The data collected was compiled under various headings and analysed to derive various conclusions on the epidemiological pattern of such injuries under following categories – i) out of total ocular surgeries performed the incidence of ocular injuries requiring surgical intervention, ii) gender more prone, iii) age more prone, iv) most common ocular trauma needing surgical intervention, v) part of eye most prone to injury.

RESULT

As per the 5 years data collected (Table 1) the total cataract surgeries performed were 47.79%

and total cases of ocular trauma needing surgical

management were 42.85%. In the year 2010 the incidence of ocular trauma surgeries was more than the cataract surgeries. Whereas in the year 2011 ocular trauma surgeries and cataract surgeries were around 47%.

Year Ocular Injuries

Ocular

Perforations Total

2007 549 29 578

2008 473 21 494

2009 436 23 459

2010 698 34 732

2011 666 40 706

Grand

Total 2822 147 2969

The number of ocular injuries cases like contused lacerated wound (CLW) of the eyebrow and lid, injury to the punctum, conjunctival tear and hyphaema which needed surgical management are more as compared to the ocular perforations which included corneal perforation, scleral perforation, corneoscleral perforation and badly traumatized eye.

Most common ocular injury which needed surgical management was CLW of the eyebrow followed by the CLW of the eyelid. The third most common injury was corneal perforation followed by corneoscleral perforation, conjunctival tear and scleral perforation respectively. Other injuries like badly traumatised eye, injury to the punctum and hyphaema had lesser incidence.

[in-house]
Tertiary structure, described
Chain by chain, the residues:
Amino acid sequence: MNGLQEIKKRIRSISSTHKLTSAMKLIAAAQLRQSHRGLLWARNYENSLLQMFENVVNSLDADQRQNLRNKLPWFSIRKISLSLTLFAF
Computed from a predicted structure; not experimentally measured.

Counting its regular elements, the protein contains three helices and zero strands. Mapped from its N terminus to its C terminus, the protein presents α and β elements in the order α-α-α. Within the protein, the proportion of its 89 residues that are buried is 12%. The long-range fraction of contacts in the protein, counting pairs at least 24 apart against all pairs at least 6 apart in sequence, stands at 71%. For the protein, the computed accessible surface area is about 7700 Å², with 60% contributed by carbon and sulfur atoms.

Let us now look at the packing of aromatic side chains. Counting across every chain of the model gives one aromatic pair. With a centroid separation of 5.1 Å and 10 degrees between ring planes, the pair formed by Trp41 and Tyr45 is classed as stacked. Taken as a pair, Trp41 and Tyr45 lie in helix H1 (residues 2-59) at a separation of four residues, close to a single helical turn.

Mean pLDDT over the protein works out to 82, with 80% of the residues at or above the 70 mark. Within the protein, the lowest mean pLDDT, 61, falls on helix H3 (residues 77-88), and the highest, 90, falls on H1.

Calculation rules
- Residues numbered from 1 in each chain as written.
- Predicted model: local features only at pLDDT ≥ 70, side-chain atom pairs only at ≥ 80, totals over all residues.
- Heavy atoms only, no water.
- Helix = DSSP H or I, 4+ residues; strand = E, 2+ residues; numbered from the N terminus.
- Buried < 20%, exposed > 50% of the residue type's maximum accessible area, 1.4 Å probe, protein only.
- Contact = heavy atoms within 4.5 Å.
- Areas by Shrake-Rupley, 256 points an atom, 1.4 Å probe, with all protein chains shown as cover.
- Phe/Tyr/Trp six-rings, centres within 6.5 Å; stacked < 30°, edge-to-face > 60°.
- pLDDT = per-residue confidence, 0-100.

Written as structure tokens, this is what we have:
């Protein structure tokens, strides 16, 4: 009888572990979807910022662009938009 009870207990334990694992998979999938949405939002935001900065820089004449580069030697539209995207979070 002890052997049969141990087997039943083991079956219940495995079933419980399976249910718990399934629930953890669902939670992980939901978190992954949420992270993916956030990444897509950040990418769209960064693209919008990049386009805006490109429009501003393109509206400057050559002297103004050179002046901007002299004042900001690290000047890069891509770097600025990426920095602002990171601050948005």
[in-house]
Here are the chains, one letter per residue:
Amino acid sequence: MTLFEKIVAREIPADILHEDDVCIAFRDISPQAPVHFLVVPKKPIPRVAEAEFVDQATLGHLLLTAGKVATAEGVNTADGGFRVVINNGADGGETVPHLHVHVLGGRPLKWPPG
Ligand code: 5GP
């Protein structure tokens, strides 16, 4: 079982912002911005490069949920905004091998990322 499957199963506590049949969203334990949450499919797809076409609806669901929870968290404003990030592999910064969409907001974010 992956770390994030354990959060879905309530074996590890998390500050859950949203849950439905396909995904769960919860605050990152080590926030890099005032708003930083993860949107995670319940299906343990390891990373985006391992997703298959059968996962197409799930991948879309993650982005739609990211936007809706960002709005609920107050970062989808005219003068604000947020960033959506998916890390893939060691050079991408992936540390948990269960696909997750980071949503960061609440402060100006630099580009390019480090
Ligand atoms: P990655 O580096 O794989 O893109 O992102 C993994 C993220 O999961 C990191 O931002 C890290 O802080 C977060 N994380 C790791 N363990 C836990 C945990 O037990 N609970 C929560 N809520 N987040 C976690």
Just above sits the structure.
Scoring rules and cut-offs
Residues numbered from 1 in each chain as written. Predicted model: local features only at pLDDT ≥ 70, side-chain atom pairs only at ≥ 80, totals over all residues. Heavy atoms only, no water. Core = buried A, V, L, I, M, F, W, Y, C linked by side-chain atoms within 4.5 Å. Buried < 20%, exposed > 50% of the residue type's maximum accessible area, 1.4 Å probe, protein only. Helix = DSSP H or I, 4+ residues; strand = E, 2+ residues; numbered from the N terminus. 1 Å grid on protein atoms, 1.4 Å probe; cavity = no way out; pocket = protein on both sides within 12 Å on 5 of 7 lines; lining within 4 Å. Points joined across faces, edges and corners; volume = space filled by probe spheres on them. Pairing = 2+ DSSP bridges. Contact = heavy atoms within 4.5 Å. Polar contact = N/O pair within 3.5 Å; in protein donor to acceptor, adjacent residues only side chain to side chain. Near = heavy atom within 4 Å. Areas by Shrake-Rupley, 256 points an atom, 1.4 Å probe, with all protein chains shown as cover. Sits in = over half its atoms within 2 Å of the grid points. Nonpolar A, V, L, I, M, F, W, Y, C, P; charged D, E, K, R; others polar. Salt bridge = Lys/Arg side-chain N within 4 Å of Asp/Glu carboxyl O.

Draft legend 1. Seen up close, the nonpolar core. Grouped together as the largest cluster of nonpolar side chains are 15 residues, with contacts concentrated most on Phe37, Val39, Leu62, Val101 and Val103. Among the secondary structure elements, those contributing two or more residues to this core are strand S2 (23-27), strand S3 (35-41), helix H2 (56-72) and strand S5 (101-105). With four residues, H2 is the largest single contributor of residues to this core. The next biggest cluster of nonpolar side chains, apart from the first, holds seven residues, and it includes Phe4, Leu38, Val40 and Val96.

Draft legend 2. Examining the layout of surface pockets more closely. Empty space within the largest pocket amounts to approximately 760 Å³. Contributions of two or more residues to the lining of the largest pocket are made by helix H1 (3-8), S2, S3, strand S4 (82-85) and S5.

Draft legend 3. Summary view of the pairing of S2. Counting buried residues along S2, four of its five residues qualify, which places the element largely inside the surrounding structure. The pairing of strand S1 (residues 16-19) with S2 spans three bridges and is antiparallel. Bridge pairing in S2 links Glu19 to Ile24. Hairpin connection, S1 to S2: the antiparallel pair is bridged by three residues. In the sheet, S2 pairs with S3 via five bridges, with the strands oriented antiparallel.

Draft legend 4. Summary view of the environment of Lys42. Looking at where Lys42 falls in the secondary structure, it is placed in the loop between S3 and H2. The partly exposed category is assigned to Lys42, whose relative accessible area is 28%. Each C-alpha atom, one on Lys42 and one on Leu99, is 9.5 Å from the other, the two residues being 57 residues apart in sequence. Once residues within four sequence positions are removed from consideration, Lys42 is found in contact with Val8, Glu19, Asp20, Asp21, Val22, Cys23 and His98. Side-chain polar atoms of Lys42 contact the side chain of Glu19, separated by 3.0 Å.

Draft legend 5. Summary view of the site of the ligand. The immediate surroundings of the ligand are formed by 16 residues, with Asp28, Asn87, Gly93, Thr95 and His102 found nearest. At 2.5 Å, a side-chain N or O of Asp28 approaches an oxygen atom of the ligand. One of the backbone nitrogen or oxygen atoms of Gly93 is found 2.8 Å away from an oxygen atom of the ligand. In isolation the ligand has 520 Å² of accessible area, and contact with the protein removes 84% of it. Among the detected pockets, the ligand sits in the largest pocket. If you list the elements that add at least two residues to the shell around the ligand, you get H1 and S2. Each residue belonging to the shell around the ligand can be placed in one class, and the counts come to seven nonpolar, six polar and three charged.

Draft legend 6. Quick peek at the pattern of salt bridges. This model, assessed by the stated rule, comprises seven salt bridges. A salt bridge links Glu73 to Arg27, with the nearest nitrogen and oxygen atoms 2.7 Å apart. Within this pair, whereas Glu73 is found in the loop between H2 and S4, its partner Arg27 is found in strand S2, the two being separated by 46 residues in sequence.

As per table IV and V, ocular injuries were more common in age group of 0-10 years followed by 11-20 years. The age group of 21-30 years had third highest incidence of ocular injury whereas this age group was most affected in the cases of ocular perforation. Second age group most commonly affected by ocular perforation was of 0-10 years.

In both ocular injury and ocular perforation cases, males were more prone for the trauma as compared to the females of the same age group.

DISCUSSION Year Total

OPD

Total No.

of Surgeries

Total No. of Cataract surgeries

(%)

Total No. of Ocular

injury surgeries

(%) 2011 32665 1491 693 (46.47) 706 (47.35)

2010 29670 1483 630 (42.48) 732 (49.35)

2009 29757 1268 663 (52.28) 459 (36.19)

2008 27928 1285 614 (47.78) 494 (38.44)

2007 32492 1401 711 (50.74) 578 (41.25)

Total 152512 6928 3311 (47.79) 2969 (42.85) Table 1: Ophthalmic surgery profile

Table 2: Incidence of Various Ocular Perforations (OGI) with regard to other Ocular Injuries (CGI)

(4)

Journal of Research in Medical and Dental Science | Vol. 1 | Issue 2 | October – December 2013 43 EB-CLW: Eye Brow Contused Lacerated Wound; L-CLW: Lid Contused Lacerated Wound

P-Inj: Punctal Injury; C-TEAR: Conjunctival Tear; Hy: Hyphaema; K-Per: Corneal Perforation Scl-Per: Scleral Perforation; K.Scl-Per: Corneoscleral Perforation;

BTE: Badly Traumatized Eye; CGI: closed globe injuries; OGI: open globe injuries.

Total Males =1841, Total Females = 981; M:F = 1.88:1

Out of many causes of blindness, there are some causes like cataract, ocular trauma which are preventable by surgery[10]. Our retrospective records of 5 years showed that there is not much difference in the number of surgeries for cataract and ocular injury, both amounting to 47.8% and 42.9% respectively. In the year 2010 the ocular injury cases numbered to be 49.3%

and cataract surgeries amounted to 42.5% and in

the year 2011 both surgeries were almost similar in total number i.e. around 47%. Otherwise surgeries performed for cataract are little more in comparison to the surgeries performed for ocular injuries.

The data obtained from the ophthalmic OT records for 5 years showed that in ocular trauma cases which required surgical management, ocular Year